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by Michele Skalicky, KSMU-Ozarks Public Radio

A new book club in Springfield focuses on material that’s been challenged or banned outright from library shelves.

The Communities Reading Together Book Club, hosted by the Springfield-Greene County Library District, launches this week as the district observes national Banned Books Week.

Krystal Smith, a manager in the reference department at the Midtown Carnegie Branch Library, started the club.

“There’s been a lot of talk about banning books and all that kind of thing going on over the past year,” said Smith. “So it seems like a good time to kind of have an opportunity for people to get together and read all these books they’re seeing in the news.”

The September book title is “Dear Martin” by Nic Stone. It’s a novel allegedly tied to a decision not to renew a southwest Missouri teacher’s contract last spring. The Springfield-News Leader reported in April that Kim Morrison, an English teacher at Greenfield High School, used a worksheet titled, “How Racially Privileged Are You?” while teaching the book in an elective contemporary literature class. The vote not to renew her contract came shortly after that assignment.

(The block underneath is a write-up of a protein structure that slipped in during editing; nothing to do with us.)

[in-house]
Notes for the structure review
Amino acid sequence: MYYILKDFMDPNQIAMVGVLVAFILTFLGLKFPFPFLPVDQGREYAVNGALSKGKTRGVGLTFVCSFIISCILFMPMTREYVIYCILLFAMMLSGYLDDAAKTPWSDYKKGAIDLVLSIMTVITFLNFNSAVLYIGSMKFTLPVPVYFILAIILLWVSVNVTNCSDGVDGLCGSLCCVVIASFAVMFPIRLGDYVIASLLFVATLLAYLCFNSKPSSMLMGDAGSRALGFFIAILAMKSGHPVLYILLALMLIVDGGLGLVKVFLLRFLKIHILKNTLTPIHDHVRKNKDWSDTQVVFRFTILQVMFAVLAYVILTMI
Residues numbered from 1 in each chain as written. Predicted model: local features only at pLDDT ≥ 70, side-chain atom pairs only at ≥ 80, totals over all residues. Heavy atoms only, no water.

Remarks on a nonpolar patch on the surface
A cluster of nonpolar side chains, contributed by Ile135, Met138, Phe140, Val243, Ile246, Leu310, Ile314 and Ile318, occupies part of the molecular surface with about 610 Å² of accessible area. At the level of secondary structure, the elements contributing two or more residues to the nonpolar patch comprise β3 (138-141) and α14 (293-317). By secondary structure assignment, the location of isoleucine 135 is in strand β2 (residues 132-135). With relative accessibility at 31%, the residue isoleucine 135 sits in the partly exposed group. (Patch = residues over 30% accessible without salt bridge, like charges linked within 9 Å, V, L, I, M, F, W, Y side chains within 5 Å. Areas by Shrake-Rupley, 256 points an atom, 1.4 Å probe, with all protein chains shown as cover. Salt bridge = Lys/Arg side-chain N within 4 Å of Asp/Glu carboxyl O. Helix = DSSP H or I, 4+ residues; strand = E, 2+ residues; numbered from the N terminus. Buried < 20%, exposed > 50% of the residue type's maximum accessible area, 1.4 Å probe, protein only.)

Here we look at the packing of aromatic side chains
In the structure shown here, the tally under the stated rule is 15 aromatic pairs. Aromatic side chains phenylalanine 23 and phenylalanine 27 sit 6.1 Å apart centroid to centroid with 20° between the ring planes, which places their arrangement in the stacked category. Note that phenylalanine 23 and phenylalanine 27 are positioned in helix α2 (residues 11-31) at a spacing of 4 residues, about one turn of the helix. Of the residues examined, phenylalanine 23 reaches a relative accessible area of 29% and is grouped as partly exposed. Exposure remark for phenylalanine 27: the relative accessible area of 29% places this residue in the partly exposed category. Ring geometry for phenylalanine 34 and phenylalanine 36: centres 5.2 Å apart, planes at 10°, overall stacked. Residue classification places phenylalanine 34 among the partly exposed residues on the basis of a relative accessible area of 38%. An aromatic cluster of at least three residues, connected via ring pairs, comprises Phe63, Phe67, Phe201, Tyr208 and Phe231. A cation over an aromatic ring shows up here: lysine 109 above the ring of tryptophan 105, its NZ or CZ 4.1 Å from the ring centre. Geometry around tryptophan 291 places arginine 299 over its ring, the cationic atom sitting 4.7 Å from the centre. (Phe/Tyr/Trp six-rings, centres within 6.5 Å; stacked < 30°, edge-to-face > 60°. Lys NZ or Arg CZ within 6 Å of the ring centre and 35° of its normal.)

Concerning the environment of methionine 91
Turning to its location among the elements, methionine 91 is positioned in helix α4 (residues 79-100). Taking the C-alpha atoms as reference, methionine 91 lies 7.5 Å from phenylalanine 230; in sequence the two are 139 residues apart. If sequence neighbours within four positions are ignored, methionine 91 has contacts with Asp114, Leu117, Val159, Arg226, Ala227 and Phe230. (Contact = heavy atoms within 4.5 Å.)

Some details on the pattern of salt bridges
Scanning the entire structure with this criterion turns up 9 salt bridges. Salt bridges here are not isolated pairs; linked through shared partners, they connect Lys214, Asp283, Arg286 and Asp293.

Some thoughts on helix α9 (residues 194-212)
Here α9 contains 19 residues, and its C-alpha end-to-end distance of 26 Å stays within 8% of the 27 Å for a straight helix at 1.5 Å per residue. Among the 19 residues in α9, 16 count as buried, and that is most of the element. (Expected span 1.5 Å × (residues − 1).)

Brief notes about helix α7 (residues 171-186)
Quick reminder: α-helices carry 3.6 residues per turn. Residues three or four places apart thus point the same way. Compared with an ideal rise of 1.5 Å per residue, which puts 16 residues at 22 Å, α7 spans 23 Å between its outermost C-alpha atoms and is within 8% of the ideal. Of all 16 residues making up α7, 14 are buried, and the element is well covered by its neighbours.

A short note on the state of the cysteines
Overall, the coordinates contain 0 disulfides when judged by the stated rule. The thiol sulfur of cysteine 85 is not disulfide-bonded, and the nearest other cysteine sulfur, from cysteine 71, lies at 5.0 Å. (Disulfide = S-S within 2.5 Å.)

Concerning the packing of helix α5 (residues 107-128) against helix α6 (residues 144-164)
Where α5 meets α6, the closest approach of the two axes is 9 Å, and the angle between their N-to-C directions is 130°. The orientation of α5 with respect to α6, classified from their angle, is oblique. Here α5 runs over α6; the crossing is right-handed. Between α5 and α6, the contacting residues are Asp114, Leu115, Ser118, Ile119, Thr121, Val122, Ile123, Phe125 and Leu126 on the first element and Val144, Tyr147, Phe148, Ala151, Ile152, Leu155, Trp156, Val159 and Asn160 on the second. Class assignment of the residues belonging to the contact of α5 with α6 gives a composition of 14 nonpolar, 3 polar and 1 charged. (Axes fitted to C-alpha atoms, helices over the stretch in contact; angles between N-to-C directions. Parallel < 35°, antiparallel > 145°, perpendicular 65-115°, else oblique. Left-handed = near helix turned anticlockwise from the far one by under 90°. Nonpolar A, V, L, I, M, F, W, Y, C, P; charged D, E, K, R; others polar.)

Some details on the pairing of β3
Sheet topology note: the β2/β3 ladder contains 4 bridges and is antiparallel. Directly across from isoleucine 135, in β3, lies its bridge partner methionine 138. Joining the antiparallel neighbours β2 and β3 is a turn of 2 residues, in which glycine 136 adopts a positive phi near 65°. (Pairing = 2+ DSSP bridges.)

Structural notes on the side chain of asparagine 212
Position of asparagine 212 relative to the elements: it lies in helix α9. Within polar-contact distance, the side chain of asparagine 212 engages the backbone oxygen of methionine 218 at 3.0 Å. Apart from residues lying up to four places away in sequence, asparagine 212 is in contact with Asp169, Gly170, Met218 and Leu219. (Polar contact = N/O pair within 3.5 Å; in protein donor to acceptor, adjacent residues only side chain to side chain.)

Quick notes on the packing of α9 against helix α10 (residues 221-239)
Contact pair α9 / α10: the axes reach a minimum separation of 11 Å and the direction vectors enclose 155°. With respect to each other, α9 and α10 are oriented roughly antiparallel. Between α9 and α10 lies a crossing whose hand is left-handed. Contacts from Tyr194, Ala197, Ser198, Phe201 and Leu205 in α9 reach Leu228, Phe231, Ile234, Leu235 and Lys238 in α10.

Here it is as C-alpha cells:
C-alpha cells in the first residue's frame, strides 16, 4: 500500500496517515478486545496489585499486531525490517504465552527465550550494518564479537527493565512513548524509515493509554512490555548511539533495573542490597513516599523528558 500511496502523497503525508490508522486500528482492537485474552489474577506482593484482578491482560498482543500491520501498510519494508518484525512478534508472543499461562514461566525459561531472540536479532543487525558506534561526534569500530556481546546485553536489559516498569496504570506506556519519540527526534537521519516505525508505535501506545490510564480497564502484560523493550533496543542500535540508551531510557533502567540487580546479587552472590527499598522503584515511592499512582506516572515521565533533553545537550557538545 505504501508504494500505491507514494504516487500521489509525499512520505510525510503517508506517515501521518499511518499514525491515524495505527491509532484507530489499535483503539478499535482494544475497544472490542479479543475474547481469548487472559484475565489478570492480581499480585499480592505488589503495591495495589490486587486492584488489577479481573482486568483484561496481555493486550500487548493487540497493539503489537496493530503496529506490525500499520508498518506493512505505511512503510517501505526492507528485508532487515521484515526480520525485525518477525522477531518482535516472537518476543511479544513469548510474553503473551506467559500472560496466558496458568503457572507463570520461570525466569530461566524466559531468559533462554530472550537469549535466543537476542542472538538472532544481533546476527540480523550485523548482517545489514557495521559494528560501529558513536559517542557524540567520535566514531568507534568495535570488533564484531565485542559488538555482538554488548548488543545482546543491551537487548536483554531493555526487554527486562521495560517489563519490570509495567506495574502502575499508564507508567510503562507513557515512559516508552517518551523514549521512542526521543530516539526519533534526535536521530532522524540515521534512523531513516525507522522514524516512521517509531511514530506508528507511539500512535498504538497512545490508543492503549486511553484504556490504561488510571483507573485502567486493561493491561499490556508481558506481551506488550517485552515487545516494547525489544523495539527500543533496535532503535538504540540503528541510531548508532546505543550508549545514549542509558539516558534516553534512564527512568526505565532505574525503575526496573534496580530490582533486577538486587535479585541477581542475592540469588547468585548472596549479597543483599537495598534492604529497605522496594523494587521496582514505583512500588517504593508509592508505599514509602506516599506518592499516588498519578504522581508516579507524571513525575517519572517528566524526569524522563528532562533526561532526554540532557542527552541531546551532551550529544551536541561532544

Smith said discussion at the first meeting will focus on the reasons “Dear Martin” might be banned — and why, even though someone might not want their child to read the book, it might be important for others to have access to it.

“Books can serve as mirrors, windows and sliding glass doors,” said Smith “I think this book is a really good representation of that because you can see yourself in the mirror of the book, you can look through the window of the book and see into somebody else’s life. And then you can use that sliding glass door to kind of use your imagination and become part of the story.”

The first meeting of the Communities Reading Together Book Club will be at 5:30 p.m. Thursday, September 22, at BookMarx, 325 E. Walnut in Springfield. Teenagers ages 15 and older may attend with a parent or guardian.

During Banned Books Week, library branches are featuring book displays of challenged or banned books through the years.

Find out more at thelibrary.org.

This story is available as part of a collaboration between KSMU Public Radio and the Springfield Daily Citizen. To see the original content, click here.

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